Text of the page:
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Johnson County building VR-classroom to train deputies

$3 million training facility expected to open this summer
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Posted at 4:32 PM, Feb 23, 2024
and last updated 2024-02-23 16:36:30-05

FRANKLIN — The Johnson County Sheriff's Office is ditching the desks and turning an old classroom into a virtual reality training facility.

The county is spending about $3 million to expand and renovate its current training center and install VR equipment that simulates the kind of situations a law enforcement officer typically experiences in real life, Chief Deputy Andrew Barnhart said.

"They put sensors in the four corners of the room and you can actually physically walk around a scene just as you would in the real world," Barnhart said. "Being able to physically move around a space is really important, especially when you're talking about things like traffic stop training."

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The Johnson County Sheriff's Office is building a virtual reality training center in Franklin. This image was provided by InVeris, one of several companies that make VR equipment for law enforcement.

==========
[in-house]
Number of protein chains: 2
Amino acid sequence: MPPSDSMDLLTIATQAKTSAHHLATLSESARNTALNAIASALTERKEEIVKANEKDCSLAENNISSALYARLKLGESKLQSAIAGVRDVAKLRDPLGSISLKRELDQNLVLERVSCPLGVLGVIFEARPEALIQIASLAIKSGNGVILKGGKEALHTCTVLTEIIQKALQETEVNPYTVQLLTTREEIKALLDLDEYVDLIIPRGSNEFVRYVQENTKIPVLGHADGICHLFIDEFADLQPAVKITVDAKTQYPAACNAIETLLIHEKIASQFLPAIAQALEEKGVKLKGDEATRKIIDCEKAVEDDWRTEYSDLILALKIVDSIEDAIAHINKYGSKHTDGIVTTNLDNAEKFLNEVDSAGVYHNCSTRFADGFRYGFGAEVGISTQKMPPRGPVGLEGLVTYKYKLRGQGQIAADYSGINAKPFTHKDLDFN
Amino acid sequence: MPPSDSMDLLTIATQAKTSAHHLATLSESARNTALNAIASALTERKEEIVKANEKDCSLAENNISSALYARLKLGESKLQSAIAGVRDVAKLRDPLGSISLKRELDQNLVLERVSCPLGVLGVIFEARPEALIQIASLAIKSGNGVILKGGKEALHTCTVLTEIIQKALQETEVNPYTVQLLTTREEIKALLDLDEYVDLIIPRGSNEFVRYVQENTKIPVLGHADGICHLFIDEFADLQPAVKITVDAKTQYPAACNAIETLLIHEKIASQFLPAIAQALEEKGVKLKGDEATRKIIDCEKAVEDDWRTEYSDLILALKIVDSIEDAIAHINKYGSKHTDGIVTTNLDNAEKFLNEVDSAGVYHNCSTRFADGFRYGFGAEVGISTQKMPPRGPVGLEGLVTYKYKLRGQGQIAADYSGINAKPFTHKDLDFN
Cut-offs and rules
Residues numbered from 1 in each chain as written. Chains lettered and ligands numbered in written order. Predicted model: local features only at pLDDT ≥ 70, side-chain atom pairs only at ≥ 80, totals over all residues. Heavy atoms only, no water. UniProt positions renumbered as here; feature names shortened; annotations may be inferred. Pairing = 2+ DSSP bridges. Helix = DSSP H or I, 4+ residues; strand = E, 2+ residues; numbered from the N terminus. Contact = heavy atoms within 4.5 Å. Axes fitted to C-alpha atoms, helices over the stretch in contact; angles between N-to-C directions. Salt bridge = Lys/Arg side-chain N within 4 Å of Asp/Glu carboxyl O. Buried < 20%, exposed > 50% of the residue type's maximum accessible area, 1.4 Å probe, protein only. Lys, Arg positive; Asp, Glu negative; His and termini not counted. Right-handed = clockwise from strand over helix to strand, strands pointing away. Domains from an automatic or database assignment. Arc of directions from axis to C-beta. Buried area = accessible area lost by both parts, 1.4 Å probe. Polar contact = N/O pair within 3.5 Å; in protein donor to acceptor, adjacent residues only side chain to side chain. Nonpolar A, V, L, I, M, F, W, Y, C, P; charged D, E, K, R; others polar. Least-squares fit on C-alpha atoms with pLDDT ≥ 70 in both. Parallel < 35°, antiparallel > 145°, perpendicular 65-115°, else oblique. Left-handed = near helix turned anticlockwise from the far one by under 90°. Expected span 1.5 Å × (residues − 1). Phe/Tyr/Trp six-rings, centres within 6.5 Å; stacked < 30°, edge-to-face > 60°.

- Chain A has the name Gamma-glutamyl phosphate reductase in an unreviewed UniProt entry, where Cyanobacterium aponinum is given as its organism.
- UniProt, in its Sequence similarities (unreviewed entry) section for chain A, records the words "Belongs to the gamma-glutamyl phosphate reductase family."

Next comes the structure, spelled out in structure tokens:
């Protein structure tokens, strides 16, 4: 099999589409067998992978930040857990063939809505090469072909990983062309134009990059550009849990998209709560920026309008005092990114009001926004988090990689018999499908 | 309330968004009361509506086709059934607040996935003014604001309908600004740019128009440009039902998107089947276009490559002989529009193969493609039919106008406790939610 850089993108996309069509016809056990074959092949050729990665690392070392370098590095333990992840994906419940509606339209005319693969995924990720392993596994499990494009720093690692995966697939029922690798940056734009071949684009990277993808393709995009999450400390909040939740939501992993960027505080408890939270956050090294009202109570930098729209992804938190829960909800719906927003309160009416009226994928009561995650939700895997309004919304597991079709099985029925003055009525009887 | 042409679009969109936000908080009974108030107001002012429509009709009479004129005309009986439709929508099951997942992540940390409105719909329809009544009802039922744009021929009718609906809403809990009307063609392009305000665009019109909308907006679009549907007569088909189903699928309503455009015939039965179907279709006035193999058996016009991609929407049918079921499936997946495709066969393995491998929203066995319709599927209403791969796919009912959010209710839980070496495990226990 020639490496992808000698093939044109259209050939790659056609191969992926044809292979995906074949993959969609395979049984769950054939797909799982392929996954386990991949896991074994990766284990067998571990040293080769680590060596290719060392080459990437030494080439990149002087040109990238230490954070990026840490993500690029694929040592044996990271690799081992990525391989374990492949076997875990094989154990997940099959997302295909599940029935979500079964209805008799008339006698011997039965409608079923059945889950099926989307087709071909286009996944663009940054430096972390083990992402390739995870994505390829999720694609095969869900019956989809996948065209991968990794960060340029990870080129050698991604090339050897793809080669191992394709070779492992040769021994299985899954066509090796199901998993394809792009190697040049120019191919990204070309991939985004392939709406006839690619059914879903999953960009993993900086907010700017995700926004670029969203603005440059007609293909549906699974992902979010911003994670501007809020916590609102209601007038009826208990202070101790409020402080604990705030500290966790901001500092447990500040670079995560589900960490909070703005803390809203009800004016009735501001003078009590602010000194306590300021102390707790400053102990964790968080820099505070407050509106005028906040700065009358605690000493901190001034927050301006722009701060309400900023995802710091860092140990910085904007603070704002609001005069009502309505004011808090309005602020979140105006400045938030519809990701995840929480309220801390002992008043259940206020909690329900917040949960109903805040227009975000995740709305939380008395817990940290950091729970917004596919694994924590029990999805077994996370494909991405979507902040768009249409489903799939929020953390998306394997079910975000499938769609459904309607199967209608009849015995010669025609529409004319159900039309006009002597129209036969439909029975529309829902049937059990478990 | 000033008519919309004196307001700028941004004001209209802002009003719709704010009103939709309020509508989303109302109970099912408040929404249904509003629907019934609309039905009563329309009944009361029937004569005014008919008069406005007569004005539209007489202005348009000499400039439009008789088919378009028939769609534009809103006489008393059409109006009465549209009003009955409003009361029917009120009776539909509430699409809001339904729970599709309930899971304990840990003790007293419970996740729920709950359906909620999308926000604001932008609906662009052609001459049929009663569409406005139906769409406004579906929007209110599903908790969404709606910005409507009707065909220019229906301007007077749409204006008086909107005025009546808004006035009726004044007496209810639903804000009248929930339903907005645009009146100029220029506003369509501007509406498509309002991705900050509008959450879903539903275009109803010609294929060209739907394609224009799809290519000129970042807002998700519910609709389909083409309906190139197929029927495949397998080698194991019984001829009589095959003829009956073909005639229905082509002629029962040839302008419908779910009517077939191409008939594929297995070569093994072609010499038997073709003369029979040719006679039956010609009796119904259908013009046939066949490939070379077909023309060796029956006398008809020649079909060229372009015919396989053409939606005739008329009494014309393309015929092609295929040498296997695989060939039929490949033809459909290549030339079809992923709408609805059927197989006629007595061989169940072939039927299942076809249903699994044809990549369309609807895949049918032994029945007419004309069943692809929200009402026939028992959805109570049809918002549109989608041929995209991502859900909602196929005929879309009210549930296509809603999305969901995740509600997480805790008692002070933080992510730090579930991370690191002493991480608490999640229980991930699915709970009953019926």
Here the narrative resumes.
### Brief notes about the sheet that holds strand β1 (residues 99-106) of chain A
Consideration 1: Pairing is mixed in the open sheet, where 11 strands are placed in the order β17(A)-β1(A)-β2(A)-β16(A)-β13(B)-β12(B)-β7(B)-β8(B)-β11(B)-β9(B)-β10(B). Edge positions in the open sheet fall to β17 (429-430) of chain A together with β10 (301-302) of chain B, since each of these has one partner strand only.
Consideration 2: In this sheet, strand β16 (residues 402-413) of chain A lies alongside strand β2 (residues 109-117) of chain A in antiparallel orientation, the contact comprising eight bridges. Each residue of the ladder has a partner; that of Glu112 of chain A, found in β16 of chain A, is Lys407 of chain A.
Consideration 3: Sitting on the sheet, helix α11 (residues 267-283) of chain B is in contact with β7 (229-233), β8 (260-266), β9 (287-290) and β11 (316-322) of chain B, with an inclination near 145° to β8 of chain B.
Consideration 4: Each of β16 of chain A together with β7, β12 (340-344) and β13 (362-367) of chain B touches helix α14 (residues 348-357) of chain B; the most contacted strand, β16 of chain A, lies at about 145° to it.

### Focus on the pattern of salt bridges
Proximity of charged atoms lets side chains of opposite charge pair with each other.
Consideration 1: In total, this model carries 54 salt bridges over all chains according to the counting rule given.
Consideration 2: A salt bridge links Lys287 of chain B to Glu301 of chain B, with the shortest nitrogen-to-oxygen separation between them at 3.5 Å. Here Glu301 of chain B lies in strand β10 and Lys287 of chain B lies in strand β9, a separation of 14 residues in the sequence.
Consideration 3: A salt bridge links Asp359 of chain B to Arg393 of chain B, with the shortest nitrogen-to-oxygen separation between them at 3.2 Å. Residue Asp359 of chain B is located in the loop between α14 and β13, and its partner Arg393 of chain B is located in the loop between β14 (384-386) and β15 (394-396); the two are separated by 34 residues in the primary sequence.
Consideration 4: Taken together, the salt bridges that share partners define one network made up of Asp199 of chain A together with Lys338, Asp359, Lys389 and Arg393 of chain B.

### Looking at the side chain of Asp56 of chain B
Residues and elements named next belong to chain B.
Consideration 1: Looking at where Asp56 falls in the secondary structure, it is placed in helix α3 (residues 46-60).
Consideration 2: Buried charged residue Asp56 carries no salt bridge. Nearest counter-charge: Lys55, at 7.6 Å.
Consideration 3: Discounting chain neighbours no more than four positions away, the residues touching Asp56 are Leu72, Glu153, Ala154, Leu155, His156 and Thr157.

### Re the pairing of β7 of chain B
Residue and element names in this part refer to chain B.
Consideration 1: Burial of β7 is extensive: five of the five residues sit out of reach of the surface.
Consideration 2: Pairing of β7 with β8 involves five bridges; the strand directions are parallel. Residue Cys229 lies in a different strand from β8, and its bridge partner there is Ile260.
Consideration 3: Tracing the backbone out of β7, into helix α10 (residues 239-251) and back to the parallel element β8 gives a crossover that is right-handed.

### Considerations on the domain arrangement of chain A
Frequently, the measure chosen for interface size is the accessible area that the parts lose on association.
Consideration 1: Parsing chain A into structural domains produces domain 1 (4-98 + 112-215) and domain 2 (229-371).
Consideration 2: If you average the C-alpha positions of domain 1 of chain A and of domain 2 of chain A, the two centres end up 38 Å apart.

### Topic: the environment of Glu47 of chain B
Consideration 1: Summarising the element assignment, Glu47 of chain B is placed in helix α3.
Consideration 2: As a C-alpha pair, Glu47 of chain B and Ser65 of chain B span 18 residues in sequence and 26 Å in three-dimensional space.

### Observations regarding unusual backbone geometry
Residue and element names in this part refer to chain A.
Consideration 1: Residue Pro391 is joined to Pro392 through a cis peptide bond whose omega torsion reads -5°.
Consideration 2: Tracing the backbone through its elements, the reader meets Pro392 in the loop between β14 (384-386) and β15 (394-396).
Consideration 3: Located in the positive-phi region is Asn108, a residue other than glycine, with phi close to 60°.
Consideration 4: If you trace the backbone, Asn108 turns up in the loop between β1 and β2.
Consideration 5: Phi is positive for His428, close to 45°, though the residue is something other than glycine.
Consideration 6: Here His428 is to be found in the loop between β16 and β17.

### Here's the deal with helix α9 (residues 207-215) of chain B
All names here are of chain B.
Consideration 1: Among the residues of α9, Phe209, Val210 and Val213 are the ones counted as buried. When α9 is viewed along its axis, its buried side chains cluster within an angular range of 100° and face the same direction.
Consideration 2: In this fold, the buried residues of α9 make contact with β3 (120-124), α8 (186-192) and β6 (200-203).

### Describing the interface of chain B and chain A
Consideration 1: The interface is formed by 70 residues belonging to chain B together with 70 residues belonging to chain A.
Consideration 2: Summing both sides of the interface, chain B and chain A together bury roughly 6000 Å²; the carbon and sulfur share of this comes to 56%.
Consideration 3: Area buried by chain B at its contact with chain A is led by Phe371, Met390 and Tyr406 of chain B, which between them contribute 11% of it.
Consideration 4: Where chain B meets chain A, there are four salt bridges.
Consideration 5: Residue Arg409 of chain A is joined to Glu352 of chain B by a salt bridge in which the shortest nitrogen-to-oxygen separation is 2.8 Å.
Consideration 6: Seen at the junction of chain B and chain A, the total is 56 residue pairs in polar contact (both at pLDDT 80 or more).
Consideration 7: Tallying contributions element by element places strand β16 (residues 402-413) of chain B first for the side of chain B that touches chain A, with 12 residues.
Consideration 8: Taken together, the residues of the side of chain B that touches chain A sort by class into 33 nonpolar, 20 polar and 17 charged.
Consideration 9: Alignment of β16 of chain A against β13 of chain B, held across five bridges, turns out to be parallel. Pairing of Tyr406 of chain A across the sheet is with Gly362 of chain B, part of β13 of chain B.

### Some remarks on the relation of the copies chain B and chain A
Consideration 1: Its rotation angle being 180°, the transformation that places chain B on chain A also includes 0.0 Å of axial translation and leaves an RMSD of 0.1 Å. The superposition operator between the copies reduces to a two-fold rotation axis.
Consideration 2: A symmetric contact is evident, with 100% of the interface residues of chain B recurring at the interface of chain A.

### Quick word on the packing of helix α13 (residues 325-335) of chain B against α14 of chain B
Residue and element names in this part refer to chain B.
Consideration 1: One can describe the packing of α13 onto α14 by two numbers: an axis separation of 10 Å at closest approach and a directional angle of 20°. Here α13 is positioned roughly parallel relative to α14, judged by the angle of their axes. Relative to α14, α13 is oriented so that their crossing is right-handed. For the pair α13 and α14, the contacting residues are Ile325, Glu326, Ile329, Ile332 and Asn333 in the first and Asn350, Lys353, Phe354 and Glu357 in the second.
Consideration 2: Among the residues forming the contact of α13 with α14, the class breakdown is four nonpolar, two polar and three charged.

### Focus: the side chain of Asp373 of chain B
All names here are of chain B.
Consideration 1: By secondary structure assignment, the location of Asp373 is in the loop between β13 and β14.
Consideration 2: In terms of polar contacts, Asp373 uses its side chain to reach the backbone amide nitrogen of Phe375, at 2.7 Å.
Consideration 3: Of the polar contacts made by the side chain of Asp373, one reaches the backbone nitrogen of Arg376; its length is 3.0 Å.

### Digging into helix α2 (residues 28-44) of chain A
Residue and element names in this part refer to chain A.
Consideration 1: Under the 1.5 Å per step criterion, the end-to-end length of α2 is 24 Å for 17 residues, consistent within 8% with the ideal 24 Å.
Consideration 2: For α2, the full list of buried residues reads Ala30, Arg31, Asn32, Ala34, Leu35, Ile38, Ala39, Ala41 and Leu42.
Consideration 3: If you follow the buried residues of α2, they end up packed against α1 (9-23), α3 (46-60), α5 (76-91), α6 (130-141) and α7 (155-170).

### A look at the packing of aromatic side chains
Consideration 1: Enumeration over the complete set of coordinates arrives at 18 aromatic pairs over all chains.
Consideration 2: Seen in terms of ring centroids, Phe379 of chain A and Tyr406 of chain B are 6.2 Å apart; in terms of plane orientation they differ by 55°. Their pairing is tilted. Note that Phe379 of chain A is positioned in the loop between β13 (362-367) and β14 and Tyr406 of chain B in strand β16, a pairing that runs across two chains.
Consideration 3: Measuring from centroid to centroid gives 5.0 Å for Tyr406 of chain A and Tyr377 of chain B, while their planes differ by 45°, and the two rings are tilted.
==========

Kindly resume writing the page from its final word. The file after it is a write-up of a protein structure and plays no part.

This technology has been used by other police departments and the military.

Barnhart said it's a little like a video game. Deputies will put on a VR headset and move through simulated traffic stops, domestic disputes and other situations.

The VR training requires users to make split-second decisions. They must decide if a virtual reality character is a threat, victim or a bystander. They have to decide when to use words and when to use force.

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The Johnson County Sheriff's Office is building a virtual reality training center in Franklin. This image was provided by InVeris, one of several companies that make VR equipment for law enforcement.

Instructors can control the VR environment in real time.

"The flexibility of virtual reality is what's really powerful about the system," Barnhart said.

"There's millions of scenarios you can encounter out there. And so this just really widens that net and makes sure that we're exposing all of our officers to the best and most realistic training that we possibly can."

Barnhart said county officials are still deciding between several different vendors that make virtual reality training systems.

They'll make their choice soon, he said. The sheriff's office hopes to have the new classroom up and running by this summer.

Contact WRTV reporter Vic Ryckaert at victor.ryckaert@wrtv.com or on X/Twitter: @vicryc.